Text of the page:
I’ve touched on a lot of characters from War of Nytefall, but I haven’t really talked a lot about Stephanie Talon. I gave her a post to explain her origin a little over a year ago and haven’t gone back. One of the reasons is because I’ve touched on psychics and various types of fortune telling styles before. She doesn’t really fall perfectly into those categories, but there’s enough overlapping to make it previous territory. That doesn’t mean I can’t talk a little about the role.
Fiction, especially fantasy, has a long history of characters who can see the future or scry on distant events. Stephanie can do both, but usually focus on the latter by using her blood scrying powers. These characters can be central and tragic like with Cassandra in mythology or supporting cast like The Oracle in ‘The Matrix’. Others can turn into villains because of their powers, which many demonstrate to be hard to control. There is a trend of one being able to see the future causing insanity. Still, you most commonly find a seer as a stopping point during a quest in order to continue on.
When writing, having a character who can tell the future may seem like a great idea. In the planning stages, you can see this as a way to create foreshadowing. Everybody loves those quirky hints about what’s to come. Unfortunately, this has a high chance of backfiring because it lacks the subtlety of regular foreshadowing. People know the character is talking about events that are about to happen, so you could easily eliminate the story’s tension. There are ways around it such as having the visions be vague or working with riddles. Yet, you can end up being too vague or run into readers who find your riddles to be fairly easy. So, this is a character type that you have to use very sparingly.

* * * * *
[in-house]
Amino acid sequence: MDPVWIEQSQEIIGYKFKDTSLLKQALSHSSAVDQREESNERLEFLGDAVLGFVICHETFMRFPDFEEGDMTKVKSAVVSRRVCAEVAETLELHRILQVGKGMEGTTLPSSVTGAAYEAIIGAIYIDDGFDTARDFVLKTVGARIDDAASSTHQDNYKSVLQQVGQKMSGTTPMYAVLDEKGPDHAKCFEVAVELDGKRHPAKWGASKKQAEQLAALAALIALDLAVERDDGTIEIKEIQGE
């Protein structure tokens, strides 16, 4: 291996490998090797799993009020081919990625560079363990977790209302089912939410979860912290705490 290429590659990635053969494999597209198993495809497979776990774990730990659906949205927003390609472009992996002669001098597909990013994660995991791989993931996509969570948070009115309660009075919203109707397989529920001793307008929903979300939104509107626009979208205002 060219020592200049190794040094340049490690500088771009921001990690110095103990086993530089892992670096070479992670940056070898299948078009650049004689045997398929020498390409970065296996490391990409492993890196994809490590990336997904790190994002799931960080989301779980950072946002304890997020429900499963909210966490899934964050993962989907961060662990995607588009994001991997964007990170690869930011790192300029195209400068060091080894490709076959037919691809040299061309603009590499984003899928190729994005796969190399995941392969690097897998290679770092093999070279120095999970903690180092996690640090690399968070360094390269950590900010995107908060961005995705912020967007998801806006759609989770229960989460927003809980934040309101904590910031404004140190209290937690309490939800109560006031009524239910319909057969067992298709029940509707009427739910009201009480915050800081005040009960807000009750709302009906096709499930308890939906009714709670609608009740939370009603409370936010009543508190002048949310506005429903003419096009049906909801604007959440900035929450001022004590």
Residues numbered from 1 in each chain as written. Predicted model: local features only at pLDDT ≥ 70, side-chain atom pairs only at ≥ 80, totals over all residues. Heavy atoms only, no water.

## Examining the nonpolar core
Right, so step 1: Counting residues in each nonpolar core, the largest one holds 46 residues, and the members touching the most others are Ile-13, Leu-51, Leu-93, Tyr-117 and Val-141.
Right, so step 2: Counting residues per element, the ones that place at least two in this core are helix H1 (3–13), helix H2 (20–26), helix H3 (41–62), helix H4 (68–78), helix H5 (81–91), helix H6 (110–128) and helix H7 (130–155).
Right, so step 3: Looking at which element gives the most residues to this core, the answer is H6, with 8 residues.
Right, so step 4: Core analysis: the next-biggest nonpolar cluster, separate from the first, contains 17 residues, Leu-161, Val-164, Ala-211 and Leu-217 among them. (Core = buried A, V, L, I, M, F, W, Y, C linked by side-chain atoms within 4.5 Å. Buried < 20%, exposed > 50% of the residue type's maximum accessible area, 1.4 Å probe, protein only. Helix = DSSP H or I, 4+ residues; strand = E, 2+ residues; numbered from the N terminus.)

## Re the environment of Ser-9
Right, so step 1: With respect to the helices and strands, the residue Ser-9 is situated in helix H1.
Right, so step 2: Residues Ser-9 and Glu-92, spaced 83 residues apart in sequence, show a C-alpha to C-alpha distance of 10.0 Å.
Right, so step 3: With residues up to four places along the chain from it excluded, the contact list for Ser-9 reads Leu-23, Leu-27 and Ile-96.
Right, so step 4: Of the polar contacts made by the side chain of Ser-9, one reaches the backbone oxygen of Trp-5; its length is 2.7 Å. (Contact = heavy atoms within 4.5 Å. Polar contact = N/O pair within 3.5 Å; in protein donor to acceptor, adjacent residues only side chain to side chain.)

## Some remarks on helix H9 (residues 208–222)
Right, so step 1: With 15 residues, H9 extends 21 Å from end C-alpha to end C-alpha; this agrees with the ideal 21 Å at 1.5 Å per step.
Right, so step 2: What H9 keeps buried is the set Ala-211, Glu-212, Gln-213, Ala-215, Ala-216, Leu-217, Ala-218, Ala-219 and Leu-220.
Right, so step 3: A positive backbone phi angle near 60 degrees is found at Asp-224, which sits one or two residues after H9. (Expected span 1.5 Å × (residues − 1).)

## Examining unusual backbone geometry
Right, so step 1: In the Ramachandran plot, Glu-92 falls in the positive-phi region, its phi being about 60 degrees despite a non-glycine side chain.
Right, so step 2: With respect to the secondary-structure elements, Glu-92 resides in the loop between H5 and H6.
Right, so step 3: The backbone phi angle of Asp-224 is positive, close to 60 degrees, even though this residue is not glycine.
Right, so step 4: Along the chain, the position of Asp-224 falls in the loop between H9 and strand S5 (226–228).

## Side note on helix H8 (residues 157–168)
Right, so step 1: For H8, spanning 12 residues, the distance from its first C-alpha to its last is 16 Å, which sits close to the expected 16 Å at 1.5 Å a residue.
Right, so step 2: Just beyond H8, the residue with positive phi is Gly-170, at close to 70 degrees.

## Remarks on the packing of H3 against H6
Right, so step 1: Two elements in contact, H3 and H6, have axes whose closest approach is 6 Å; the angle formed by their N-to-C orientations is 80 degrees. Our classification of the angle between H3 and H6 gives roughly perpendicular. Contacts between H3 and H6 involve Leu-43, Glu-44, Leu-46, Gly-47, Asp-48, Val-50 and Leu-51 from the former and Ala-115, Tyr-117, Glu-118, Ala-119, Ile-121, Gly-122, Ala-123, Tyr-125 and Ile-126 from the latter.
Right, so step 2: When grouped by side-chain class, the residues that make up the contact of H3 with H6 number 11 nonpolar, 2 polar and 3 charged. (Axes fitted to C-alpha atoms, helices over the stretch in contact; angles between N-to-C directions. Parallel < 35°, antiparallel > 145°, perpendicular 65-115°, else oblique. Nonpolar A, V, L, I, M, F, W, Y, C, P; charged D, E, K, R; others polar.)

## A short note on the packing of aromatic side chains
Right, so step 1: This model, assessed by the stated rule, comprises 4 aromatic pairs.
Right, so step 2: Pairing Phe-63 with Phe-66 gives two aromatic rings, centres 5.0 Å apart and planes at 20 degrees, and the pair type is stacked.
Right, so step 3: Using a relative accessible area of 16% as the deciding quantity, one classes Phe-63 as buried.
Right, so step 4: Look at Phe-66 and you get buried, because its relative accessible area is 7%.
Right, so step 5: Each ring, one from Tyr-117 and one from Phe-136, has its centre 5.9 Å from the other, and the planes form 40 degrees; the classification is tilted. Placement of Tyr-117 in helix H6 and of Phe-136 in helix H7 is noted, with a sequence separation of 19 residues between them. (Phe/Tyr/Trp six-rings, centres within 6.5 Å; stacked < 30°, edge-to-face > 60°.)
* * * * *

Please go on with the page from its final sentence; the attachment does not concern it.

That risk is a big reason why Stephanie Talon is called a ritualist in the books instead of a seer or oracle. Although, I may have called her a seer a few times. I have it noted that she can see into the future, but I don’t like having her do it. Solely because of that risk and I always wonder if she would be asked to do so. Xavier Tempest can be a little paranoid and he’s intelligent. He strikes me as a person who would consider the possibility that knowing his future might change it. For example, he could be told that he is going to kill Clyde, so he goes in cocky and gets his head torn off. Pretty sure the guy has had nightmares about that, so this one aspect of Stephanie’s powers isn’t depended on in the stories themselves. Guess you can see how almost any oracle can become a Cassandra if a person is cynical or cautious.
So, what do people think about using these kinds of characters in fiction? Is it something you’ve done before or considered? Are they a role that should be eliminated from genres entirely?